Kind of overwhelmed by the wealth of ideas in the Chesterton conference talks. I’m a virtual attendee along with hundreds of others including a former astronaut of the U.S.! (Actually I think he's in person.)
Yesterday there was Kyle Mann, editor at satirical website Babylon Bee. My takeaway: Satire is a way to get through to a deaf and Baal culture where argument or “niceness” can’t. He brought up the example of Elijah before the Baal-worshippers in the Old Testament. Elijah didn’t try to convert them by argument. Same with Jesus when he dealt with the Pharisees’ trick questions. To paraphrase one answer: "Give to Ceasar that idolatrous coin with his head on it, and give to God what is God's."
Later came another presenter on education:
1. Between the ages of 2 and 4 the average child asks about 40,000 questions. The speaker mentions that by the age of 12 they have only one question which every educator cringes and shudders at: “Is this going to be on the test?” This is the sign that education is broken, that something is wrong because even employers don’t want employees who can merely regurgitate information fed them.
2. Einstein said, “if you want your children to be intelligent, read them fairy tales. If you want them to be more intelligent, read them more fairy tales.” Fairy tales expand the mind, stretch it, bolsters imagination.
3. Chesterton said fairy tales are good for kids despite the “grim” material because they already know the world is a dangerous place but the tales give them to understand there’s a solution, a weapon, a “St. George to slay the dragon” (i.e. Christ). Grimm’s Fairytales have some implicitly Christian themes: the wolf in Little Red Robin Hood was the devil. The hunter was Christ. Robin Hood’s straying from the path of righteousness was Adam and Eve and like them Robin and her grandmother died. The restoration of Robin and her grandmother from the belly of the wolf is like how Jonah was saved from the belly of the whale. Similarly Cinderella was Christ-related.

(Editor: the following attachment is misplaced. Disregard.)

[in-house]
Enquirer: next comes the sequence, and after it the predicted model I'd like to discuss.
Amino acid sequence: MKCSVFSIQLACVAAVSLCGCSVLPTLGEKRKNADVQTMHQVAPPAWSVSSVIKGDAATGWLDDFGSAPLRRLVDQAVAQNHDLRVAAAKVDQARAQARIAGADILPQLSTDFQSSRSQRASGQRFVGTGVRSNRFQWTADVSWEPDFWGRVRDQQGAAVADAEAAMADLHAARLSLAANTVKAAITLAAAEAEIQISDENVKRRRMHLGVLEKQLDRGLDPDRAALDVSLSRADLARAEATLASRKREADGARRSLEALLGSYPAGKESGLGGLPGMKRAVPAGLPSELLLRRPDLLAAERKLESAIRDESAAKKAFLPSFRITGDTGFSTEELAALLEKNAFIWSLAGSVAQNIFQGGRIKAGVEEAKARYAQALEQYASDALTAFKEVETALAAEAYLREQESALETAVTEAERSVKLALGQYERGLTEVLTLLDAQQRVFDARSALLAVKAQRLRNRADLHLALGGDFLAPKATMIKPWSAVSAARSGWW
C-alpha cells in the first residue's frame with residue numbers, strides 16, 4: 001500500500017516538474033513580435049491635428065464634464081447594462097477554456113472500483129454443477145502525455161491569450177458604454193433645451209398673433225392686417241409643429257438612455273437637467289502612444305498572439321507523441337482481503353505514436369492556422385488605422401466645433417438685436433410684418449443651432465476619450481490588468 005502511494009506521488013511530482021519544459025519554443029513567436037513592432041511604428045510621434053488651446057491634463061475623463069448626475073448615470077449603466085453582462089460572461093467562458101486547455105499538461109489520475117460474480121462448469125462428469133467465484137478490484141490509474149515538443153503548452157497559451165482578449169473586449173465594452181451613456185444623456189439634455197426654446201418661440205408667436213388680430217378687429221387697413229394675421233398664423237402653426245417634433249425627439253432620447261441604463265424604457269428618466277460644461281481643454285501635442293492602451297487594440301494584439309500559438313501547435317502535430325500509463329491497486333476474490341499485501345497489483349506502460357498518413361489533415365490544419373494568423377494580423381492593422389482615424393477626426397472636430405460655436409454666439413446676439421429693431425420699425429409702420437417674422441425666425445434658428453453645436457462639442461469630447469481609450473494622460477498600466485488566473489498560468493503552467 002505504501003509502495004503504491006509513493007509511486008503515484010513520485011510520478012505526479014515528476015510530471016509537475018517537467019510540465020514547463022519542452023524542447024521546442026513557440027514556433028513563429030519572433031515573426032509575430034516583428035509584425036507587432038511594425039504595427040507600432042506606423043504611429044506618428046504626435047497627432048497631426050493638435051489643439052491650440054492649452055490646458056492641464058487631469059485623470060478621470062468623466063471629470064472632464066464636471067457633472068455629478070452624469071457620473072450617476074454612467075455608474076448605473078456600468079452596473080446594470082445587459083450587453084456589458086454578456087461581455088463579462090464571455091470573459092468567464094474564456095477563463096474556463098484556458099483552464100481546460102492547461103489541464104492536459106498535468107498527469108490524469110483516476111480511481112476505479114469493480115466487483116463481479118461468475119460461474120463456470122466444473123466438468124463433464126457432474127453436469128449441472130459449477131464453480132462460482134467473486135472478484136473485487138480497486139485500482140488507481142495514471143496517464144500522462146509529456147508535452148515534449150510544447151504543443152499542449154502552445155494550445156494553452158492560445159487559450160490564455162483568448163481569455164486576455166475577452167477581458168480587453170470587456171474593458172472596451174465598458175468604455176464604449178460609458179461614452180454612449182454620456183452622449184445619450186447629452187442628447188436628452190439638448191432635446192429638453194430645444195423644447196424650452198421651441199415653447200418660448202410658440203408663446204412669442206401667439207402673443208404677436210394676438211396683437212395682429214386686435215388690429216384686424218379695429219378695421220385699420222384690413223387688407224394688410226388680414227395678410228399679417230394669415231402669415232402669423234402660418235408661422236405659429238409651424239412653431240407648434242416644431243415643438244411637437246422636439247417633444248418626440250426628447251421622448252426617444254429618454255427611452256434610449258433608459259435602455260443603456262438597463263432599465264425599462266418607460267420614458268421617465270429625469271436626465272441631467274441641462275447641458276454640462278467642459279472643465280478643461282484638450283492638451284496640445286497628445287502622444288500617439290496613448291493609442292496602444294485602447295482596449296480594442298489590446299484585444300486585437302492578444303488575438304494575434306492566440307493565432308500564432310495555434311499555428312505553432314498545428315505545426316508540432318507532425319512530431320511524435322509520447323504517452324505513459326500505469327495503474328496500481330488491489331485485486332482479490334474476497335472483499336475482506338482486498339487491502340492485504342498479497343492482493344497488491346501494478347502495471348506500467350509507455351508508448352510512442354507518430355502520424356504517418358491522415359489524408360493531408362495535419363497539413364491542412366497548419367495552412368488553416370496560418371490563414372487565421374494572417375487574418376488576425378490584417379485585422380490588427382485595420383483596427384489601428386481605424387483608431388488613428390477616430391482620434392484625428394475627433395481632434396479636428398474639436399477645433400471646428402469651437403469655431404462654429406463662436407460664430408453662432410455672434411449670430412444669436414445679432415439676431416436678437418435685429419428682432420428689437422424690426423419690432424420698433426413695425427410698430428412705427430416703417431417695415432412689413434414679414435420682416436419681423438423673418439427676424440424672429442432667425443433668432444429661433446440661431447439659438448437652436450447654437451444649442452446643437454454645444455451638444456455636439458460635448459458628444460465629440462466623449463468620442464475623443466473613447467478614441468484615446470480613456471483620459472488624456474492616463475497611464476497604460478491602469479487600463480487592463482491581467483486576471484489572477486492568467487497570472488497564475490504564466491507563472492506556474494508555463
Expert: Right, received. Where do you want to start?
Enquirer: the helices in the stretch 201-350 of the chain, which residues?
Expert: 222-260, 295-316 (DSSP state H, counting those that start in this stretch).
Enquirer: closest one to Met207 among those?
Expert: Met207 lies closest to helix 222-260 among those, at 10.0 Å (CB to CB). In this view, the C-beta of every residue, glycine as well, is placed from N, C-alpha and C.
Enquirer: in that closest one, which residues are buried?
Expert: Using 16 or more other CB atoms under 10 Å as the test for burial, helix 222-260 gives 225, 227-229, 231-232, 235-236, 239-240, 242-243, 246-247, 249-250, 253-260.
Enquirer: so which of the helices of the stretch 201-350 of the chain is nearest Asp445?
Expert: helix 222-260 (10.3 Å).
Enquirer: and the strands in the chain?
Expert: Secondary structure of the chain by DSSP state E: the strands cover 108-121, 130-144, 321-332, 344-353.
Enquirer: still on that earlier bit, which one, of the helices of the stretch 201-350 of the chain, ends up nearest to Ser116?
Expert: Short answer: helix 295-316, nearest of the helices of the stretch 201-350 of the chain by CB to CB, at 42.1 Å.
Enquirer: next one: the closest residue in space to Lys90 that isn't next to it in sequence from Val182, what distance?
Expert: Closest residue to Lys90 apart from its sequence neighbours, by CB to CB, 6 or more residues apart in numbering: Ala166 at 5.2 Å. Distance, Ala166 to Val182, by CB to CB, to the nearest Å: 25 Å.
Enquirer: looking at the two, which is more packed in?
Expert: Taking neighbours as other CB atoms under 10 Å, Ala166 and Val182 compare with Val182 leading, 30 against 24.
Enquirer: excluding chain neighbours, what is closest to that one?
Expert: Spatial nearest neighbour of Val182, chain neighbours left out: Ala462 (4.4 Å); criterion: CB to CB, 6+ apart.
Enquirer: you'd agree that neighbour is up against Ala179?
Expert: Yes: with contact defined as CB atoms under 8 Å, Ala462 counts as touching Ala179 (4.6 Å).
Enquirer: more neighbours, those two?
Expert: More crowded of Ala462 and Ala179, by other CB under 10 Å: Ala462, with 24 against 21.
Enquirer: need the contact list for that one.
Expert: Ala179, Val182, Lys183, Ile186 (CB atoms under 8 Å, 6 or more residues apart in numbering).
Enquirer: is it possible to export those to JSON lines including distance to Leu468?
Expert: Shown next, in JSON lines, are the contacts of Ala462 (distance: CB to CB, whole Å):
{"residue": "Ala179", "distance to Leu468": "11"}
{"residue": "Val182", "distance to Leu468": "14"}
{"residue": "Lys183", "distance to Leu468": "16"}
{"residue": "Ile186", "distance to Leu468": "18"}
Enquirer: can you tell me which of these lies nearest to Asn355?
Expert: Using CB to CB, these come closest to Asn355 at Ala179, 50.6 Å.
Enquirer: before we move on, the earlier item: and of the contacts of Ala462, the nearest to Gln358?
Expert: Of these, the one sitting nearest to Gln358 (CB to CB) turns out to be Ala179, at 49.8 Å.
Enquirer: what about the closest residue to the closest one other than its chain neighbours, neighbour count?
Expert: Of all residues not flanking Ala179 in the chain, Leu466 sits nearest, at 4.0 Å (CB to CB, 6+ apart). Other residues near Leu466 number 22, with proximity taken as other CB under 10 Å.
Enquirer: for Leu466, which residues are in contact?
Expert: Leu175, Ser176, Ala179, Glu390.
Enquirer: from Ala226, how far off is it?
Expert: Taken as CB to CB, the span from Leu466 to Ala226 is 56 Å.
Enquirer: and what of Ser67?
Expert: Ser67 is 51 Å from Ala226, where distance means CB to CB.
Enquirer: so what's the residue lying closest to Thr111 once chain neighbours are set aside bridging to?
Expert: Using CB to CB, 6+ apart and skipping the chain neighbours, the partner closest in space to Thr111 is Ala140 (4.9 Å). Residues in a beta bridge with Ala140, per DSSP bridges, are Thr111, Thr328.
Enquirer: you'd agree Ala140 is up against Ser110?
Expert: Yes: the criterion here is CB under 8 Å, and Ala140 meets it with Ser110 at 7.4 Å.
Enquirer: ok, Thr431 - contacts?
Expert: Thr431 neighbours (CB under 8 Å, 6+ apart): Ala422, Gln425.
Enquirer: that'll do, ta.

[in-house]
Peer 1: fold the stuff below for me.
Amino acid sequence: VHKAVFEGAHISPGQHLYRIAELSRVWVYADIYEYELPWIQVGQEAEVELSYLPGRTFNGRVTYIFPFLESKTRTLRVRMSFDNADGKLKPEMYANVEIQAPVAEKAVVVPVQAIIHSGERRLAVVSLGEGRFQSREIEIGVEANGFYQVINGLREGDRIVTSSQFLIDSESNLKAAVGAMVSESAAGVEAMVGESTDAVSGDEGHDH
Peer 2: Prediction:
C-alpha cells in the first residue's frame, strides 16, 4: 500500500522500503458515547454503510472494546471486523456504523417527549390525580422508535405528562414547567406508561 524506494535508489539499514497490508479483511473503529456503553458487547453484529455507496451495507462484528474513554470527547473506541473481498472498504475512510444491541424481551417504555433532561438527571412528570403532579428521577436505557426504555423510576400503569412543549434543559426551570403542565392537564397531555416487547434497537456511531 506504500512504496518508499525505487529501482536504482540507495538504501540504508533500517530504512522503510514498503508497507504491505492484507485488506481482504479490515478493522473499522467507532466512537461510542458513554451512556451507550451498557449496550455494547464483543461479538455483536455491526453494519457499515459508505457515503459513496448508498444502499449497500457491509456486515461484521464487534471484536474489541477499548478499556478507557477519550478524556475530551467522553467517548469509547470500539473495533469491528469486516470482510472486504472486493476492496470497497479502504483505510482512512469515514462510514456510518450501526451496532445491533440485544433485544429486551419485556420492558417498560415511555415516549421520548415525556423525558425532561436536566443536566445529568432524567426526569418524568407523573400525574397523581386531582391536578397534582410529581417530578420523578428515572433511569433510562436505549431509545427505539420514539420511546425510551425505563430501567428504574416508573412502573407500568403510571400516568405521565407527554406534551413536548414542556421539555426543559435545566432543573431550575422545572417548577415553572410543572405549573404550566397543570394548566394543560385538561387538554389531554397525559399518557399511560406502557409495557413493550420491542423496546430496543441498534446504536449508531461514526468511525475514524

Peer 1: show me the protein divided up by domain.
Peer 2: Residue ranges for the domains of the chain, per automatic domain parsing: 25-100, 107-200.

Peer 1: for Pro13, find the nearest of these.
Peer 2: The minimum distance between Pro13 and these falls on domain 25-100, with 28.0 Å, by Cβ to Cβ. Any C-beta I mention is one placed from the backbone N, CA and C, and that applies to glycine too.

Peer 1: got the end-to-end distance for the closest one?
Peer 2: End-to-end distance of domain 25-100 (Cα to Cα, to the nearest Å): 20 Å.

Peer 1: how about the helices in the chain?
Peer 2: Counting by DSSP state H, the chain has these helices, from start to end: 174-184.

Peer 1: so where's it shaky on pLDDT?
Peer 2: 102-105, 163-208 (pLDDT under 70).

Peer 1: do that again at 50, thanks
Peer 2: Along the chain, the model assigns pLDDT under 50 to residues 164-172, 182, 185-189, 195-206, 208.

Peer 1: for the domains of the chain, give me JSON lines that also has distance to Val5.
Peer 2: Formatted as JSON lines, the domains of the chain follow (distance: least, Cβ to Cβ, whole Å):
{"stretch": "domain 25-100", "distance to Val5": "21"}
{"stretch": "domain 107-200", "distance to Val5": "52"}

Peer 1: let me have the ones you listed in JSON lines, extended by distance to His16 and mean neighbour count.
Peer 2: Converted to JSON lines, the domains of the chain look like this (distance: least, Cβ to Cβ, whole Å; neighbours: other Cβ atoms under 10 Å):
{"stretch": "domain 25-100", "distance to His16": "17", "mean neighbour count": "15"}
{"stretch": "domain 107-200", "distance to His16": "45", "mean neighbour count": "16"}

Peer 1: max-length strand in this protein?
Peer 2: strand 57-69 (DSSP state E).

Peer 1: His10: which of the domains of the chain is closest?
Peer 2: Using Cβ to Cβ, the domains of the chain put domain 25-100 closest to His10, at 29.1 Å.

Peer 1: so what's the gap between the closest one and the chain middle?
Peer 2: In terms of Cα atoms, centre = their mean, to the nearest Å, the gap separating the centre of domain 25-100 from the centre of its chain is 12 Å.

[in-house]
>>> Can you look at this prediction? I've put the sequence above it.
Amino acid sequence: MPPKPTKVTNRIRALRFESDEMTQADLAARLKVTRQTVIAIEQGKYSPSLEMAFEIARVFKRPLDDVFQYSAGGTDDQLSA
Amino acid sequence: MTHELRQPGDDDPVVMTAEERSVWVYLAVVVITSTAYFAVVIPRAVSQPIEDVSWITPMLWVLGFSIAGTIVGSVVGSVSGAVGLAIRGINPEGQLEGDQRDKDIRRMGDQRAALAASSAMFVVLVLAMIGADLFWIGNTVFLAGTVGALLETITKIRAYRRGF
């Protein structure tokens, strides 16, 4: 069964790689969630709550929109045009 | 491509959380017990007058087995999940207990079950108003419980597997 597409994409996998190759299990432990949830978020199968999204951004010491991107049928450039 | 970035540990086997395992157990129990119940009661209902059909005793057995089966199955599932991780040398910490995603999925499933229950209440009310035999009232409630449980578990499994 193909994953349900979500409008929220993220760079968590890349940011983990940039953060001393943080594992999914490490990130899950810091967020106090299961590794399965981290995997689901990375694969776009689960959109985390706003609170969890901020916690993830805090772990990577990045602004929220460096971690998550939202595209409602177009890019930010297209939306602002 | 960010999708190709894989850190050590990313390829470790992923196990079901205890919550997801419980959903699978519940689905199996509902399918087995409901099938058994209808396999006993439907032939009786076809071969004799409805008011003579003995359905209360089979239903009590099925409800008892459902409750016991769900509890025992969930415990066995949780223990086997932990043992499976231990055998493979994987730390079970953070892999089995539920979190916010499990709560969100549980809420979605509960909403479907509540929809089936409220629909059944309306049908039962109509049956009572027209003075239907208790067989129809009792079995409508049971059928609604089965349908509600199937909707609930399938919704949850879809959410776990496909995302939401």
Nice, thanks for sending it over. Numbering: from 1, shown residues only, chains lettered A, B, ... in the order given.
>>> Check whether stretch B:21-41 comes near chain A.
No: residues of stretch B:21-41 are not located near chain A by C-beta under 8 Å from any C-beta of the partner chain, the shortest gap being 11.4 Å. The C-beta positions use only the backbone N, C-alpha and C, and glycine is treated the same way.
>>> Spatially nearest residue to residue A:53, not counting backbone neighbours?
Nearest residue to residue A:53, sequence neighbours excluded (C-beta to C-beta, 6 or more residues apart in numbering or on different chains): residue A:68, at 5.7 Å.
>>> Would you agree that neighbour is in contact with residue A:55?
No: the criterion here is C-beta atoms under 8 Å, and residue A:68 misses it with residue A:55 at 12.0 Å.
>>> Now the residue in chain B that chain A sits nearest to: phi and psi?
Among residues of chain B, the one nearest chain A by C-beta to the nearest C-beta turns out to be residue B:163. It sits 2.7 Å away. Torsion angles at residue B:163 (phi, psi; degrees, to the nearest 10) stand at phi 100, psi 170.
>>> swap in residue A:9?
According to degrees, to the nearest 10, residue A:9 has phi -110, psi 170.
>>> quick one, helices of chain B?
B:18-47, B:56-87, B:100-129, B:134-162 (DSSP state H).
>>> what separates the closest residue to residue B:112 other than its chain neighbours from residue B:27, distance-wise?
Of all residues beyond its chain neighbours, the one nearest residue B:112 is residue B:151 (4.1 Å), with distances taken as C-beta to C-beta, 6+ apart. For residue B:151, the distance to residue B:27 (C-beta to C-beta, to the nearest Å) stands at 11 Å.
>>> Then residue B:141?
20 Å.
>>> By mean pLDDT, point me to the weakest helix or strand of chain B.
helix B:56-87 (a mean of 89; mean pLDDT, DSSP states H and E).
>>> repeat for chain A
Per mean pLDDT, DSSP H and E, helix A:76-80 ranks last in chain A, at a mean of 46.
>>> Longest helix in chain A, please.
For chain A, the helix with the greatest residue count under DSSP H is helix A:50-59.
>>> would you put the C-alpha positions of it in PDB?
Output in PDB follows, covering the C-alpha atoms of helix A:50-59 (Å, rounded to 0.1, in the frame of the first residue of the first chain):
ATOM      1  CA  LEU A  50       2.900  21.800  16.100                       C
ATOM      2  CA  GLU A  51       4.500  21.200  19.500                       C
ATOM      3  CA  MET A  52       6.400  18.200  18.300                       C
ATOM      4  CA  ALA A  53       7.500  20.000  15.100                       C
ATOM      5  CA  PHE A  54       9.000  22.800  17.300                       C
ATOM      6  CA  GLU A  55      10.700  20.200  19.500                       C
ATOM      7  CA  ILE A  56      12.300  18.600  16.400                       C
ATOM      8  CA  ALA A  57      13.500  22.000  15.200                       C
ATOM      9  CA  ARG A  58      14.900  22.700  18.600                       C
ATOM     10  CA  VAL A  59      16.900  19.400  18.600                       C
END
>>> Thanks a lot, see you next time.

4. Some modern renditions of Cinderella replace the “...and they lived happily ever after” for things like, “...and they lived and had their ups and downs, sometimes angry with each other, sometimes sad, and sometimes happy.” But this destroys the point of the tale, which is that Cinderella and her prince (in Grimm’s German literally, “the king’s son”) are an image of Christ and us, and that the ‘happily ever after” is Heaven. In an effort to make it more realistic they unwittingly make it less realistic since Heaven is, in fact, happiness ever after.
5. "Crisis can have a paralyzing effect on people, in large part because their formation has not prepared them to encounter crisis with virtue and joy. “Crisis” means, from the Greek, “sifting”. A time of sifting for gold, a time of decision about who we really are. Stories teach us how to "look at crisis with discernment and joy, a time when we wrestle with reality to discover the true meaning of our lives."
From Dale Ahlquist - Chesterton as prophet! (First quote approximate, from memory.)
In 1933: “China is the main threat of Christendom.”
In 1935: “Democracy will eventually be revealed as rule by an unpopular minority.”
In 1930: “Each sex is trying to be both sexes at once.”
My clerihew entry:
Two fellows named Rodgers and Hammerstein
They must’ve had rows from time to time
I picture them huddled piano-side
Late at night considering homicide.